October 6, 2020
Raymond Chandler once tried his hands at jokes…
by Athena Bryan
Raymond Chandler, author of hardboiled detective classics The Big Sleep and The Long Goodbye among many others, isn’t exactly known for his silly side. But apparently, he once wrote a parody, and I’m sure he’d be very pleased to know that somebody not only dug it up but is publishing it in The Strand magazine later this month!
It’s called “Advice to an Employer” and The Guardian excerpted a couple of knee-slappers from the farcical instructions to, you guessed it, an employer. A couple highlights:
“Please do not go to sleep in the middle of the day,” “Please do not fall on your employee or their animals,” and “No working while drinking.”
“Always tell your secretary you have nothing to dictate until it is time for dinner. Then rattle off a lot of letters you have left since domesday.”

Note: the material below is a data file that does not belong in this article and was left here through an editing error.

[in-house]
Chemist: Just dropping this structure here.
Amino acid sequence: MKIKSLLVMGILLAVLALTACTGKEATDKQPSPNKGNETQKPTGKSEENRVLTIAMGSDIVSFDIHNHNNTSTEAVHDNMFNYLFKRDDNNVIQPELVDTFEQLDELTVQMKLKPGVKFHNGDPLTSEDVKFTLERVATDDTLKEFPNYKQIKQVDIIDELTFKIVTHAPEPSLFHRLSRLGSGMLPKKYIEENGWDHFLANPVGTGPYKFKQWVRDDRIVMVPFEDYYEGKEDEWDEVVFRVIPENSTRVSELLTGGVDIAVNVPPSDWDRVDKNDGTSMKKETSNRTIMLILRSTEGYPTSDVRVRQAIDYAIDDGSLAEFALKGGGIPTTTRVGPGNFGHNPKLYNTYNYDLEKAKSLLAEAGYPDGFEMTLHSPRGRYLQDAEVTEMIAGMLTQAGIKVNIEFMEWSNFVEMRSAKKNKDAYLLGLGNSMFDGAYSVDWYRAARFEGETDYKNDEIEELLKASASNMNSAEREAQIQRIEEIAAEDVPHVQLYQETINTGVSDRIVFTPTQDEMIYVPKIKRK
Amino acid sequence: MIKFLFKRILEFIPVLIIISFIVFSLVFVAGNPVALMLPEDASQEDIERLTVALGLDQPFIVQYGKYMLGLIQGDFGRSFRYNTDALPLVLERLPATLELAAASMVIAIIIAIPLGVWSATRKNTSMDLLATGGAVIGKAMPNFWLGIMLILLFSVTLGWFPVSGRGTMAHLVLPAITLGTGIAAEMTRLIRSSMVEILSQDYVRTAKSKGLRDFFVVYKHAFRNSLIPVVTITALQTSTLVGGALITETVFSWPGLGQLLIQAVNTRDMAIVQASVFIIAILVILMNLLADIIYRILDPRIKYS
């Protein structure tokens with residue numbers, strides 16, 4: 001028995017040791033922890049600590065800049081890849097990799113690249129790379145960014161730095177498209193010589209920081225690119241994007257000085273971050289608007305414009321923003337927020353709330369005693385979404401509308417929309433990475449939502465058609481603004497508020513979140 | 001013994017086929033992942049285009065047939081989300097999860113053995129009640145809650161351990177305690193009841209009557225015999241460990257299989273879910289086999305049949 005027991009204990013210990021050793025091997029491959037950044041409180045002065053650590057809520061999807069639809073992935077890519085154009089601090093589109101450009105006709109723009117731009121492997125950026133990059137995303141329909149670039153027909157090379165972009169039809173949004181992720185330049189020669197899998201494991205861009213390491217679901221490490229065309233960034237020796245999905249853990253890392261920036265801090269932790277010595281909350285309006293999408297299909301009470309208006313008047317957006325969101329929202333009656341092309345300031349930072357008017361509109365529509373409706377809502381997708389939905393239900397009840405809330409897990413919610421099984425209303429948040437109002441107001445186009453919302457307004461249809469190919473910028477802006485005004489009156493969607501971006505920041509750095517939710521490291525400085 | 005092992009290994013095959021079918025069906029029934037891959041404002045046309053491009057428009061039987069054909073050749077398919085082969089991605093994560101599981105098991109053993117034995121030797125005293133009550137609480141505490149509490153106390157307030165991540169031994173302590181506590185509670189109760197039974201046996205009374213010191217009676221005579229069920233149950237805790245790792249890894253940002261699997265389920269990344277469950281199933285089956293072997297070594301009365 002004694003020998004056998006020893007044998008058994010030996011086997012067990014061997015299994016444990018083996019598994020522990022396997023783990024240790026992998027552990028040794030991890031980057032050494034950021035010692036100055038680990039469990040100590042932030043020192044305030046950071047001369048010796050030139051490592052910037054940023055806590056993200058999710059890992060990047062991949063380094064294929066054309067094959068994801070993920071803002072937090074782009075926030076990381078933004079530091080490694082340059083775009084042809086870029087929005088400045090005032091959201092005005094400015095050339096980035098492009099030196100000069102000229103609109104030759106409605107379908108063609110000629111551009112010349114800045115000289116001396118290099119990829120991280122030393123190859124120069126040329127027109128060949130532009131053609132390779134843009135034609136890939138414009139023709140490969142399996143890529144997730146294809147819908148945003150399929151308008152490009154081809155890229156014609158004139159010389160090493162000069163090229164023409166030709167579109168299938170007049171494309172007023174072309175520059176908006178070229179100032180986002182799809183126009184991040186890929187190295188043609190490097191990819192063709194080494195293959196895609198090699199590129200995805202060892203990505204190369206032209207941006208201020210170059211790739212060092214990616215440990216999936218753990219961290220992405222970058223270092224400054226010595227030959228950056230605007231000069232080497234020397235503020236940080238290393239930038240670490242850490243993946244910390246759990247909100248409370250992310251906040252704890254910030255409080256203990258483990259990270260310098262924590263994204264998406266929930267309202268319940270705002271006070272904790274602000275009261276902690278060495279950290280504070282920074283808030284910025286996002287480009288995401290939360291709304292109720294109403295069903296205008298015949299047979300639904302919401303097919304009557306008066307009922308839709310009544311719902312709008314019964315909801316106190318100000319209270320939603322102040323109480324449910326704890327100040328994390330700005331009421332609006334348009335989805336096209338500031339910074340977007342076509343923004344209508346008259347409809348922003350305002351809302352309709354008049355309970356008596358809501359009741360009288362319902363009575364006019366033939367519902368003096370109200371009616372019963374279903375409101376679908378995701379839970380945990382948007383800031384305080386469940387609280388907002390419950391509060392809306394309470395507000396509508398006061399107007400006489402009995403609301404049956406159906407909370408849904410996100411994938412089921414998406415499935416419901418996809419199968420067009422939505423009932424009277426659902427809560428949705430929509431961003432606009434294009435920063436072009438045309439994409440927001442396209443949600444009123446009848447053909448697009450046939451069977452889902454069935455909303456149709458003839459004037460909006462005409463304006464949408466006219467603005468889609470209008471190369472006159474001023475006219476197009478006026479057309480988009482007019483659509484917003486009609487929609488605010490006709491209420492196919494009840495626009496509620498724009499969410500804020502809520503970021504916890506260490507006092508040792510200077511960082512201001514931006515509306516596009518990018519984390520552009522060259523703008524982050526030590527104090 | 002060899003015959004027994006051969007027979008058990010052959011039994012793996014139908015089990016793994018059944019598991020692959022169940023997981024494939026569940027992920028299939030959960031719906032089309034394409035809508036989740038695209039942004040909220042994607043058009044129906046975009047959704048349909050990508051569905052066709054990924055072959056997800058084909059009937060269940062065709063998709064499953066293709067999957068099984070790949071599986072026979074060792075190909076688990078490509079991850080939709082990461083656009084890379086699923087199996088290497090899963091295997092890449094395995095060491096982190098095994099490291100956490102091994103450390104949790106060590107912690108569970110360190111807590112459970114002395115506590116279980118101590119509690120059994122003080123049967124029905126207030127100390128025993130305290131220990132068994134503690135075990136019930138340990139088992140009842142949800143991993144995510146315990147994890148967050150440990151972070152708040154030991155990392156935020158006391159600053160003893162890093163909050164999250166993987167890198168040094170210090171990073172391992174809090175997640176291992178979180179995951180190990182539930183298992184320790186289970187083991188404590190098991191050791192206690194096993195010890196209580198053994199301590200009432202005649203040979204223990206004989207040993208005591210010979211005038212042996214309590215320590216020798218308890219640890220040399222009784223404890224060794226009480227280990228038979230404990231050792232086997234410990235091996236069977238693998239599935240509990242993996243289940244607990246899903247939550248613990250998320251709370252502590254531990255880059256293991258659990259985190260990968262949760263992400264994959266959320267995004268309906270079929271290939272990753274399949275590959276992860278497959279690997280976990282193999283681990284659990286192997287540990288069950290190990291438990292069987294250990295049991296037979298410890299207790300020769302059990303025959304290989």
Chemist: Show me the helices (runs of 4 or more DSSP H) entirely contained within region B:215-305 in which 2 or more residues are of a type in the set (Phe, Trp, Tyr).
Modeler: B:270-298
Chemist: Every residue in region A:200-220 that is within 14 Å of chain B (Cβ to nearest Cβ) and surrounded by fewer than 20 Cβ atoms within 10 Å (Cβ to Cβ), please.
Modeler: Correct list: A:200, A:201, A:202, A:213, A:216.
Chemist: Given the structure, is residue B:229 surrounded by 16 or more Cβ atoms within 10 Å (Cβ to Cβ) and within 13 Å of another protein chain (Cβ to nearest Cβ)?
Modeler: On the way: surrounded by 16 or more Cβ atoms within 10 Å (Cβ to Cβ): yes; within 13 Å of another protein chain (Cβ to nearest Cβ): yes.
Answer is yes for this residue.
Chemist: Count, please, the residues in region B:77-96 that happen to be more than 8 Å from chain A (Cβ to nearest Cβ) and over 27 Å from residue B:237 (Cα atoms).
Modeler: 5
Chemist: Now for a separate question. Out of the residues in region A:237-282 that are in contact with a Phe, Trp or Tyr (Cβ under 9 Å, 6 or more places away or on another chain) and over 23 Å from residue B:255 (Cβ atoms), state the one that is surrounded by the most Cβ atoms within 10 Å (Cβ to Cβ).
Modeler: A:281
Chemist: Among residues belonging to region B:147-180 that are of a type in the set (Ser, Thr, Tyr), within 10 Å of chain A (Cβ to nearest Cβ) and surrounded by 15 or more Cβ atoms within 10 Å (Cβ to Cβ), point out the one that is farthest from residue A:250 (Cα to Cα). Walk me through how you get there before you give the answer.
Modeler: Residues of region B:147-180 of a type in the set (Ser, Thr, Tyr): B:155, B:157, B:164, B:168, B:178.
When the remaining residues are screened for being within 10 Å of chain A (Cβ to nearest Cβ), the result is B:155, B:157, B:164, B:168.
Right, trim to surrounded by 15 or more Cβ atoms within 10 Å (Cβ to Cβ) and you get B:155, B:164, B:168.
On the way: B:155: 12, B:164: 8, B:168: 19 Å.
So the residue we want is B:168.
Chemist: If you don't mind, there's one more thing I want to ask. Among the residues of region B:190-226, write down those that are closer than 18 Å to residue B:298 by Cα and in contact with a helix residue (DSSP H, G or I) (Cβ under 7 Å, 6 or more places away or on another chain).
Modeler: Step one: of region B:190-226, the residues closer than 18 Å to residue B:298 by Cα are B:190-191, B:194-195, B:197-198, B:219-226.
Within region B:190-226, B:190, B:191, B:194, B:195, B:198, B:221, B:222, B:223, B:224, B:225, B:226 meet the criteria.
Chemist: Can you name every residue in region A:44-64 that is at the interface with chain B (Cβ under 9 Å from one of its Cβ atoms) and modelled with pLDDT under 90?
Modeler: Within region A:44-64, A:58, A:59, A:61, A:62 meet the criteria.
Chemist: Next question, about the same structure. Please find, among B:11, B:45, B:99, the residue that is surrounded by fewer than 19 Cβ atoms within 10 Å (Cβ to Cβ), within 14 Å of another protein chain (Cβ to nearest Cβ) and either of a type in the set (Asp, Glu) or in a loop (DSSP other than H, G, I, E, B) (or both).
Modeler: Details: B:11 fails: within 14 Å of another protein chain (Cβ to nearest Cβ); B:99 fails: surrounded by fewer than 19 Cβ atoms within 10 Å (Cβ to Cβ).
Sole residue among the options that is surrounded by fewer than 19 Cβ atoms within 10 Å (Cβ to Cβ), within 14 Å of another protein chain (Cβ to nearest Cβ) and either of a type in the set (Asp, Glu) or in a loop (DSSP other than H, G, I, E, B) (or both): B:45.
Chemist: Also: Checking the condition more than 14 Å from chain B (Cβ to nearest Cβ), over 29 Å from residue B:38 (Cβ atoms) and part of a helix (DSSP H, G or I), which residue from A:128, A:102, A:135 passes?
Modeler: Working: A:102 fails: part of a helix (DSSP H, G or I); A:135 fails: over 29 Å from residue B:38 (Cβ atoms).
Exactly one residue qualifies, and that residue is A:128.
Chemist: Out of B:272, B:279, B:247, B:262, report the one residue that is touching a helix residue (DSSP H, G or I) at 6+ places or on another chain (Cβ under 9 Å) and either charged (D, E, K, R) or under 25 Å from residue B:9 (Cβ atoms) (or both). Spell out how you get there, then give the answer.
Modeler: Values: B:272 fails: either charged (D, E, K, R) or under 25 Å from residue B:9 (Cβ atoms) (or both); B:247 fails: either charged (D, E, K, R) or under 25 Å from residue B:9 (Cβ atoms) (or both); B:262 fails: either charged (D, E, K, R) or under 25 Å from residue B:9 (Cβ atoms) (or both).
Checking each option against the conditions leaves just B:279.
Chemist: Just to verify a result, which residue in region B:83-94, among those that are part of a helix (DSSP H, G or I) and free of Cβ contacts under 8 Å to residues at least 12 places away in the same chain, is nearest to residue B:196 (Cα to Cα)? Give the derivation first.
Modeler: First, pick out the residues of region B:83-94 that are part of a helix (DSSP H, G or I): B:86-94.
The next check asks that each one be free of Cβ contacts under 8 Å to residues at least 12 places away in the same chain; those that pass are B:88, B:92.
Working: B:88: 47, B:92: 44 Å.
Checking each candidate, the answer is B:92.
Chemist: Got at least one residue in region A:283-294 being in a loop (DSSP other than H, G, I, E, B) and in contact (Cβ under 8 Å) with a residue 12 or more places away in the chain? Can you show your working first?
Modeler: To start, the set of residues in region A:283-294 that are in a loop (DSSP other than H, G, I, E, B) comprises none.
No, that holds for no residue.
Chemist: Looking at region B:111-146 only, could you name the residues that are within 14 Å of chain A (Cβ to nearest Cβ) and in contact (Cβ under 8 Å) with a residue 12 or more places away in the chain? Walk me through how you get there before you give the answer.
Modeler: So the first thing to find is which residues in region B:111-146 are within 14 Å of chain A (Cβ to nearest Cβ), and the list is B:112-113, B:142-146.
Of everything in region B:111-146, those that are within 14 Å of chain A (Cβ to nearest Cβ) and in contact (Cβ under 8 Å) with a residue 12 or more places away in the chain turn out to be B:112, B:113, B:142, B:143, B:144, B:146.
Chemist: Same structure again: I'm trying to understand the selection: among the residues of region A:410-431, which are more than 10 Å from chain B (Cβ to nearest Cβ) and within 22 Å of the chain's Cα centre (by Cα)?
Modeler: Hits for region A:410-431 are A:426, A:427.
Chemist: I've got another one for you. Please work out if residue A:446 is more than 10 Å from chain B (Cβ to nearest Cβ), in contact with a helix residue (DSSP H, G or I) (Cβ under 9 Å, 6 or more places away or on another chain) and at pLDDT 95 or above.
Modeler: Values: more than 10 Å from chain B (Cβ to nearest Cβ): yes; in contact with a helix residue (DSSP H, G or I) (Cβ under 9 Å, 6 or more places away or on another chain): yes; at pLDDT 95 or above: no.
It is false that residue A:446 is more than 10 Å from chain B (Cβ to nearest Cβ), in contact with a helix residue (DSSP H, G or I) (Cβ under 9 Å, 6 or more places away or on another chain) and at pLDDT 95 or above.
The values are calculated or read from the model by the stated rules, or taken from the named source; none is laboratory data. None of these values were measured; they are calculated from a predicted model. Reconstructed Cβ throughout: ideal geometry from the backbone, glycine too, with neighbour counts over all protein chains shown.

What a bunch of silliness!
According to some, namely one Prof. Sarah Trott of York St John University, “this is the real Chandler.” And the editor of the story at The Strand feels that “this might lend credence to the theory that … authors of dark works can be very funny.”
While I’m not sure that the teasers have convincingly proven that Chandler was funny per se—and I am not trying to knock the legendary, and according to Billy Wilder, “acid, sour, grouchy” man—I’m pretty sure Chandler played to his strengths as a writer with his hardboiled fiction. Which is fine! Some people do jokes—some people do noir.
I mean can you imagine if I wrote these blog posts all gritty?
I wrote the blog post in the hard, cold light of early October. As I read the Guardian’s article, I lit a cigarette and took in a lungful of smoke. A butler in slate-grey pants with a high, taught forehead handed me a glass of brandy and I took a sip before stubbing out my cigarette.
“Raymond Chandler’s satire is as hollow and empty as the place between stars,” I typed into my laptop—which was also grey and pretty hard—and took another swig.
See! It makes all the drinking and smoking I do while Mobying sound all forbidding and unpleasant…
Anyhow, see if you can catch your breath later this month when this howler publishes in The Strand.
Athena Bryan is an editor at Melville House.